Vitamins For Heart Disease

Since 1994, sales of vitamins and other dietary supplements have soared by well over 50 percent and are estimated to have topped $17 billion annually. One recent study found that up to 70 percent of Americans use vitamins, herbs, and other supplements. What’s curious about this is that there is very little evidence that such supplements have any effect on heart disease.

Vitamin E is a good example. Available in vegetables, oils, and nuts, vitamin E is a valuable source of antioxidants. But while magazines, newspapers, and even some doctors have touted vitamin E as “extra insurance” against heart disease, studies involving more than 60,000 people have failed to demonstrate that vitamin E has any effect on the heart at all.

What’s more, taken in high enough doses, vitamin E may adversely affect heart disease patients who are taking warfarin (brand name: Coumadin) as a blood thinner. (Taking warfarin at the same time as taking vitamin E in doses up to 400 units per day appears to be safe.) Folic acid (folate) and vitamin B supplements have also been promoted as being good for your heart.

There is an amino acid in your blood called homocysteine that, at high enough levels, has been associated with an increased risk of heart disease and stroke. Folic acid and, to some extent, vitamins B12 and B6 can lower homocysteine levels in your bloodstream.

But it hasn’t yet been proven that lowering homocysteine levels has any value for protecting your heart. Early studies suggested that taking folic acid and B vitamins after undergoing angioplasty (a procedure done to open up blocked arteries) helped keep those arteries from closing off again, but clinical trials have failed to show any specific heart-protecting benefits from either folic acid or vitamin B supplements.

Moreover, since enriched-grain products are fortified with folic acid, and vitamins B12 and B6 are readily available in meats, dairy products, beans, and grains, anyone following a balanced diet will have little need for supplements. Some studies have suggested that taking a multivitamin daily may reduce the risk of heart disease and stroke.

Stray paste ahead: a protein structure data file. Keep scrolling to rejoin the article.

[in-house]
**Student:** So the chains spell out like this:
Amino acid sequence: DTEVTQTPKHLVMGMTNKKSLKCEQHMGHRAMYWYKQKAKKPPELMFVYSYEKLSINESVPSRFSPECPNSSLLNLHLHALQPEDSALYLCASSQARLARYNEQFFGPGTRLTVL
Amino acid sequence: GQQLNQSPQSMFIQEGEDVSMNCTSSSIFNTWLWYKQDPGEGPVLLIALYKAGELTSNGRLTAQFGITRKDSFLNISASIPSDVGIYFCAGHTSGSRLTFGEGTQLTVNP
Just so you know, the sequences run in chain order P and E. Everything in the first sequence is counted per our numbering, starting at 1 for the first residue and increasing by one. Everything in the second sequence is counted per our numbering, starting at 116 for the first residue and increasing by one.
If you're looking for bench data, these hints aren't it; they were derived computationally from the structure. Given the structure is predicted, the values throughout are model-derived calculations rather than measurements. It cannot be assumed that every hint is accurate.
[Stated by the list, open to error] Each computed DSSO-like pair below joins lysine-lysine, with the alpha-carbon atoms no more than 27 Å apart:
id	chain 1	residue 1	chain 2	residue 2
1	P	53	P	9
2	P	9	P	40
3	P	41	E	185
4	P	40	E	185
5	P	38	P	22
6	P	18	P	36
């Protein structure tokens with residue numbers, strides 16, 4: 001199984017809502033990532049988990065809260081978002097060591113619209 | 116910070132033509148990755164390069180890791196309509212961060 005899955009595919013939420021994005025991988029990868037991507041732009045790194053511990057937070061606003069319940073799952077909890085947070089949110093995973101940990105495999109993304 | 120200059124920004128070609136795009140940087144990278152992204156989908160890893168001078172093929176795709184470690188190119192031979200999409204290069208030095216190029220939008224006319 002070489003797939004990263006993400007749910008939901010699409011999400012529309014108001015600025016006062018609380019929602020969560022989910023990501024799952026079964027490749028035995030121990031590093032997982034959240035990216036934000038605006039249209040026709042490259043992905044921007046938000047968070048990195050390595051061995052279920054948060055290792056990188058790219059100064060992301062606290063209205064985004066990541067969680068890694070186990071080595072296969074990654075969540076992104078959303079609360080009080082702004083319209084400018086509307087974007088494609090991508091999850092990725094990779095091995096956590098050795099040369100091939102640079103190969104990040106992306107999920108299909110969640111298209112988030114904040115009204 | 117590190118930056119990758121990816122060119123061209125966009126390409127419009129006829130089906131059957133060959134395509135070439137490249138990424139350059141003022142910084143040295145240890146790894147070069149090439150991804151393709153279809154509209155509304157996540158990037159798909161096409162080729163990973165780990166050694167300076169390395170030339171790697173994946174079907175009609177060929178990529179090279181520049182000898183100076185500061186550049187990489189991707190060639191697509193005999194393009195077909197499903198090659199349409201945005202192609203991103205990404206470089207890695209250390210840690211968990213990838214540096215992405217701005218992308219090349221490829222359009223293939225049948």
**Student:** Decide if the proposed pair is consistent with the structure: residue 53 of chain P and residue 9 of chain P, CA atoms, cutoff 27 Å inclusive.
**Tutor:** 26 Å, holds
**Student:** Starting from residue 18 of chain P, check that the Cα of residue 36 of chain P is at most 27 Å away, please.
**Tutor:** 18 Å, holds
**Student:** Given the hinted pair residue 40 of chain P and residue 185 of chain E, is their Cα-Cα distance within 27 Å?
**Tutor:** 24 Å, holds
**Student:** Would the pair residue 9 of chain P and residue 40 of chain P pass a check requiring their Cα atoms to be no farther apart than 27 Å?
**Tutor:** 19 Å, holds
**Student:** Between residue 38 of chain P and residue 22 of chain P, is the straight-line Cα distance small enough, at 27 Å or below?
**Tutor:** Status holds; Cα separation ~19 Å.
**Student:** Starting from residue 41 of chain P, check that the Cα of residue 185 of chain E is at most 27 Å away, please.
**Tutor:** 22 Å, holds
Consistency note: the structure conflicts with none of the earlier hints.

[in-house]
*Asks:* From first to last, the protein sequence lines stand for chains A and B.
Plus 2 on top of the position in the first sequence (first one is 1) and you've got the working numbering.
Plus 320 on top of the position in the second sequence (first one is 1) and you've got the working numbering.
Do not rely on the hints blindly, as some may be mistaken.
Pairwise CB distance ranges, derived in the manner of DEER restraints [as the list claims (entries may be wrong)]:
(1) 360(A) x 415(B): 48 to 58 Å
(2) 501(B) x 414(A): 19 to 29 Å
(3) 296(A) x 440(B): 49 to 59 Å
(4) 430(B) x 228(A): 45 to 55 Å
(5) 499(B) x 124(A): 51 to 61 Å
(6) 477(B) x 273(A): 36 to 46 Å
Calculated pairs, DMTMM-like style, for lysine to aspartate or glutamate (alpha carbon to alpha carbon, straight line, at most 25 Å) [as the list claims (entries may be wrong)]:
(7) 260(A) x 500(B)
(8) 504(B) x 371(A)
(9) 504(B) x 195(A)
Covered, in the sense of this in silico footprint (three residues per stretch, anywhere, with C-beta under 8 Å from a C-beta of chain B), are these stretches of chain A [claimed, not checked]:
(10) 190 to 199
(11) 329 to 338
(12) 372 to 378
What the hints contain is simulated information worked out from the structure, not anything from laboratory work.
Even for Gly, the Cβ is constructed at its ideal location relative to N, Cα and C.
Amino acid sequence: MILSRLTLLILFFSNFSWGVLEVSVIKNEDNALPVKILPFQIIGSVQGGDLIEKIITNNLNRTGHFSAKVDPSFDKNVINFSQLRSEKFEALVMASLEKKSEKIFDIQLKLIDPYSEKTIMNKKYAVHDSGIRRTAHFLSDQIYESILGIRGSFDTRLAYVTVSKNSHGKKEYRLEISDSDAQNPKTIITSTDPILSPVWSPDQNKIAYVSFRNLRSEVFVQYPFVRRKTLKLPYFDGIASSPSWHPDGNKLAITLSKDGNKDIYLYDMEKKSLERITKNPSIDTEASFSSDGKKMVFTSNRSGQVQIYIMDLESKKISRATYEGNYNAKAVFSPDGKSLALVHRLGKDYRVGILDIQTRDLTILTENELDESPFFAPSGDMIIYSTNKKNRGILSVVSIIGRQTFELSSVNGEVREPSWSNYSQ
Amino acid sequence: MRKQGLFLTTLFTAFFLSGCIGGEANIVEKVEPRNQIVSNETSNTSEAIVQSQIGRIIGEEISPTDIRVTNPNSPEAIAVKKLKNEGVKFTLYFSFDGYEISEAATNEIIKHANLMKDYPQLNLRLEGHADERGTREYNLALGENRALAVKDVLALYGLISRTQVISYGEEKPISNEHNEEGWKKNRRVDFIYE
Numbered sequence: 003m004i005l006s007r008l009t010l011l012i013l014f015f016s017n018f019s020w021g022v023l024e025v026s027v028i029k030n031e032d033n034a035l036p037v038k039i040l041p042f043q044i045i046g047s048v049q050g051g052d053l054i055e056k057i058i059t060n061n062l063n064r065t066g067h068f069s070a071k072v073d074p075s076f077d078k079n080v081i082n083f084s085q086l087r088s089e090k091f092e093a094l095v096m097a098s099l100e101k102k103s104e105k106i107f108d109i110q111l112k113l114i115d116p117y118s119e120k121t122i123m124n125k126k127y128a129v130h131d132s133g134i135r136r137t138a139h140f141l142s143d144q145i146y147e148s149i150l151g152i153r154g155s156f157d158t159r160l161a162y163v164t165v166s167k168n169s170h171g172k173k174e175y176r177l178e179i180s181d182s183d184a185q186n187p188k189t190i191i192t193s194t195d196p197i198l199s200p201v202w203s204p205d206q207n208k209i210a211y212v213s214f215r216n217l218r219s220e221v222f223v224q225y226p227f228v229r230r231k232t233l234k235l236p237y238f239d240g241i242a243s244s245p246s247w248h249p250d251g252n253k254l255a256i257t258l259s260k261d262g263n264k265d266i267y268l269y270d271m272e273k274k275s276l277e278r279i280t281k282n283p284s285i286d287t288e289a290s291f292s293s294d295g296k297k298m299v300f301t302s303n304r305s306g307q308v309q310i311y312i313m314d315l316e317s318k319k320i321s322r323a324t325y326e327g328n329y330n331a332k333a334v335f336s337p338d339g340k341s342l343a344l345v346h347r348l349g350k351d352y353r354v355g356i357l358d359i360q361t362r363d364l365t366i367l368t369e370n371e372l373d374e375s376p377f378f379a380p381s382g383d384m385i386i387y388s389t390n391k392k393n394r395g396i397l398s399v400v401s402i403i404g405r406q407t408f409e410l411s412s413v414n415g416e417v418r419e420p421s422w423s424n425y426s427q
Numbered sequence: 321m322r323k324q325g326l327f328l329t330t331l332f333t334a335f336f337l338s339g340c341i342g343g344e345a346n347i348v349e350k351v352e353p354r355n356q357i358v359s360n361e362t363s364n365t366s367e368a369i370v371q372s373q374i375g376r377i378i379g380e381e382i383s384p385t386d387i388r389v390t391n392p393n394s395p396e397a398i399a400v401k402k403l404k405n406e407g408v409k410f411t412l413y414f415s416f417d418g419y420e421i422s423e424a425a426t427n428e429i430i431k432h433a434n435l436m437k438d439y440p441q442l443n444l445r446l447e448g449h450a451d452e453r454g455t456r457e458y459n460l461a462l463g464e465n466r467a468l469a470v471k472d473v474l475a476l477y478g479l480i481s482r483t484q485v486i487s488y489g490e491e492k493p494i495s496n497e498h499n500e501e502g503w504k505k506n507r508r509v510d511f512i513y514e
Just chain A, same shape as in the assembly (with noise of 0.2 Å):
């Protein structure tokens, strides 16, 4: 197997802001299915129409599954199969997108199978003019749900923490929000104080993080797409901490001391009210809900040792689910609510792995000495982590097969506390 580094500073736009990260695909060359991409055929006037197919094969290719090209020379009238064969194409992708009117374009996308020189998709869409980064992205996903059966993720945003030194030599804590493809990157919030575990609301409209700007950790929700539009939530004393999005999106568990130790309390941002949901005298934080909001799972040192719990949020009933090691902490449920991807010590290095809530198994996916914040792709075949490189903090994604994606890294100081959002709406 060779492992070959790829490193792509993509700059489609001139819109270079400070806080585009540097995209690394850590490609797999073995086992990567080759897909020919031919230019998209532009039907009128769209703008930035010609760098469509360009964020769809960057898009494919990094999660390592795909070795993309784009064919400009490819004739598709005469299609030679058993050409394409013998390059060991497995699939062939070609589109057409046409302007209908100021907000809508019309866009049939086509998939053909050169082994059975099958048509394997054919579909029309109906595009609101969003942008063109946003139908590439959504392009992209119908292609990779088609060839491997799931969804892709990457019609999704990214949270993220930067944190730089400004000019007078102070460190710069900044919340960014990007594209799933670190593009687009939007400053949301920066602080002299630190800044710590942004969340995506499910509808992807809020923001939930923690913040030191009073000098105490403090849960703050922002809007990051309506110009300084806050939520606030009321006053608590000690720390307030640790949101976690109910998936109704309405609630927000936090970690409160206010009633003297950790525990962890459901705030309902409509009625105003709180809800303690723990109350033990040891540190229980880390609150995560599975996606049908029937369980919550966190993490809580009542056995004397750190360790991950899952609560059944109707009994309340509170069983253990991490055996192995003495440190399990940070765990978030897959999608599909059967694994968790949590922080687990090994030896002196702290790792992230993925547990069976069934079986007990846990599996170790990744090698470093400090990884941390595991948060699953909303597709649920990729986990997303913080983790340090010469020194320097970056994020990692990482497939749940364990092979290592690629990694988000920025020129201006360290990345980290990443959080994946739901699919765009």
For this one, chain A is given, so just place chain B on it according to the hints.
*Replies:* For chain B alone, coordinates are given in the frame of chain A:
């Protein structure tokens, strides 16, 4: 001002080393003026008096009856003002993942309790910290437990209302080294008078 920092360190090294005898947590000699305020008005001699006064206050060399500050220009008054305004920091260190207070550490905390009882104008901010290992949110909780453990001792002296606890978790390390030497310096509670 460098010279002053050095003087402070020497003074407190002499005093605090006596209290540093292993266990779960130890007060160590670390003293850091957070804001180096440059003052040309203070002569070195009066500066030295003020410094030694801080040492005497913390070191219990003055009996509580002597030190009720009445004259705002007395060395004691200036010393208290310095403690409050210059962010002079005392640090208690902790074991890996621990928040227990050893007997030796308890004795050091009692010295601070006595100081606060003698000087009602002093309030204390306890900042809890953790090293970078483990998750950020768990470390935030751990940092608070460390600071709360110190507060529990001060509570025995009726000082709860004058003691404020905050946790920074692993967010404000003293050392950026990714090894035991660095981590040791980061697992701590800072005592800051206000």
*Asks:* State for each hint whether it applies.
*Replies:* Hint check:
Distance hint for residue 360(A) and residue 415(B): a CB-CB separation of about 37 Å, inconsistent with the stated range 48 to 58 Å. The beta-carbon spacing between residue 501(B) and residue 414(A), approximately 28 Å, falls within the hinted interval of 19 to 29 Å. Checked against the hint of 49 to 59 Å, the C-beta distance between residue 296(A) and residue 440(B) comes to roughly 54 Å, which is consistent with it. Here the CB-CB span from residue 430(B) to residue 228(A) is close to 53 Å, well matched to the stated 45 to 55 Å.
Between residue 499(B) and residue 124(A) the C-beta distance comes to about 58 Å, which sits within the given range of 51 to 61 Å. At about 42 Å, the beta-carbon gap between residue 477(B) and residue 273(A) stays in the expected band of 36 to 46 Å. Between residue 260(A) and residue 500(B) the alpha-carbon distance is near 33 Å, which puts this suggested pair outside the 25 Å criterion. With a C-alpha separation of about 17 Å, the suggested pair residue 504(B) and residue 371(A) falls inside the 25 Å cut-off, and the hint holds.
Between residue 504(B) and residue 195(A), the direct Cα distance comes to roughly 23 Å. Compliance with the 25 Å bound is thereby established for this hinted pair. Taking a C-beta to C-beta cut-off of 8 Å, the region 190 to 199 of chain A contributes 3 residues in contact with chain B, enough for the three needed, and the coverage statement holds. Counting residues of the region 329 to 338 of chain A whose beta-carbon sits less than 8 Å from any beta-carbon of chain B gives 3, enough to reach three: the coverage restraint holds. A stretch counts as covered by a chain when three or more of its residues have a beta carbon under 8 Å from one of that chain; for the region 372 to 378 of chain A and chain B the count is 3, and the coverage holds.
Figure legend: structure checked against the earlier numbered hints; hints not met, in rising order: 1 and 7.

But this effect may be caused by people who take multivitamins tending to lead healthier lifestyles at the outset. Or it may be that multivitamins benefit heart health only in people who have nutritional deficiencies. Up to this point, there has been no compelling evidence in favor of taking multivitamins for your heart.

So if you’re following a balanced diet, you most likely don’t need them. Finally, a number of herbal remedies have been promoted to help treat hypertension, lower cholesterol, or protect against heart disease. These include coenzyme Q (ubiquinone), danshen, dong quai, garlic, ginger, ginkgo, ginseng, hellebore, and hawthorn (crataegus species).

New clinical studies are under way to examine these claims, but as yet there are no reliable research data to demonstrate that any of these alternative medicines have any significant effect on the heart—good or bad.

What do the guidelines say? The U.S. Preventive Services Task Force, an expert group funded by the government, recently conducted a comprehensive review of the medical literature relating to the use of vitamin supplements for cancer and cardiovascular disease prevention.

They concluded that the evidence is insufficient to recommend for or against the use of vitamins A, C, or E, multivitamins with folic acid, or antioxidant combinations for the prevention of heart disease (or cancer). They specifically recommended against supplements containing beta carotene. A recent review concluded that vitamin E has no effect.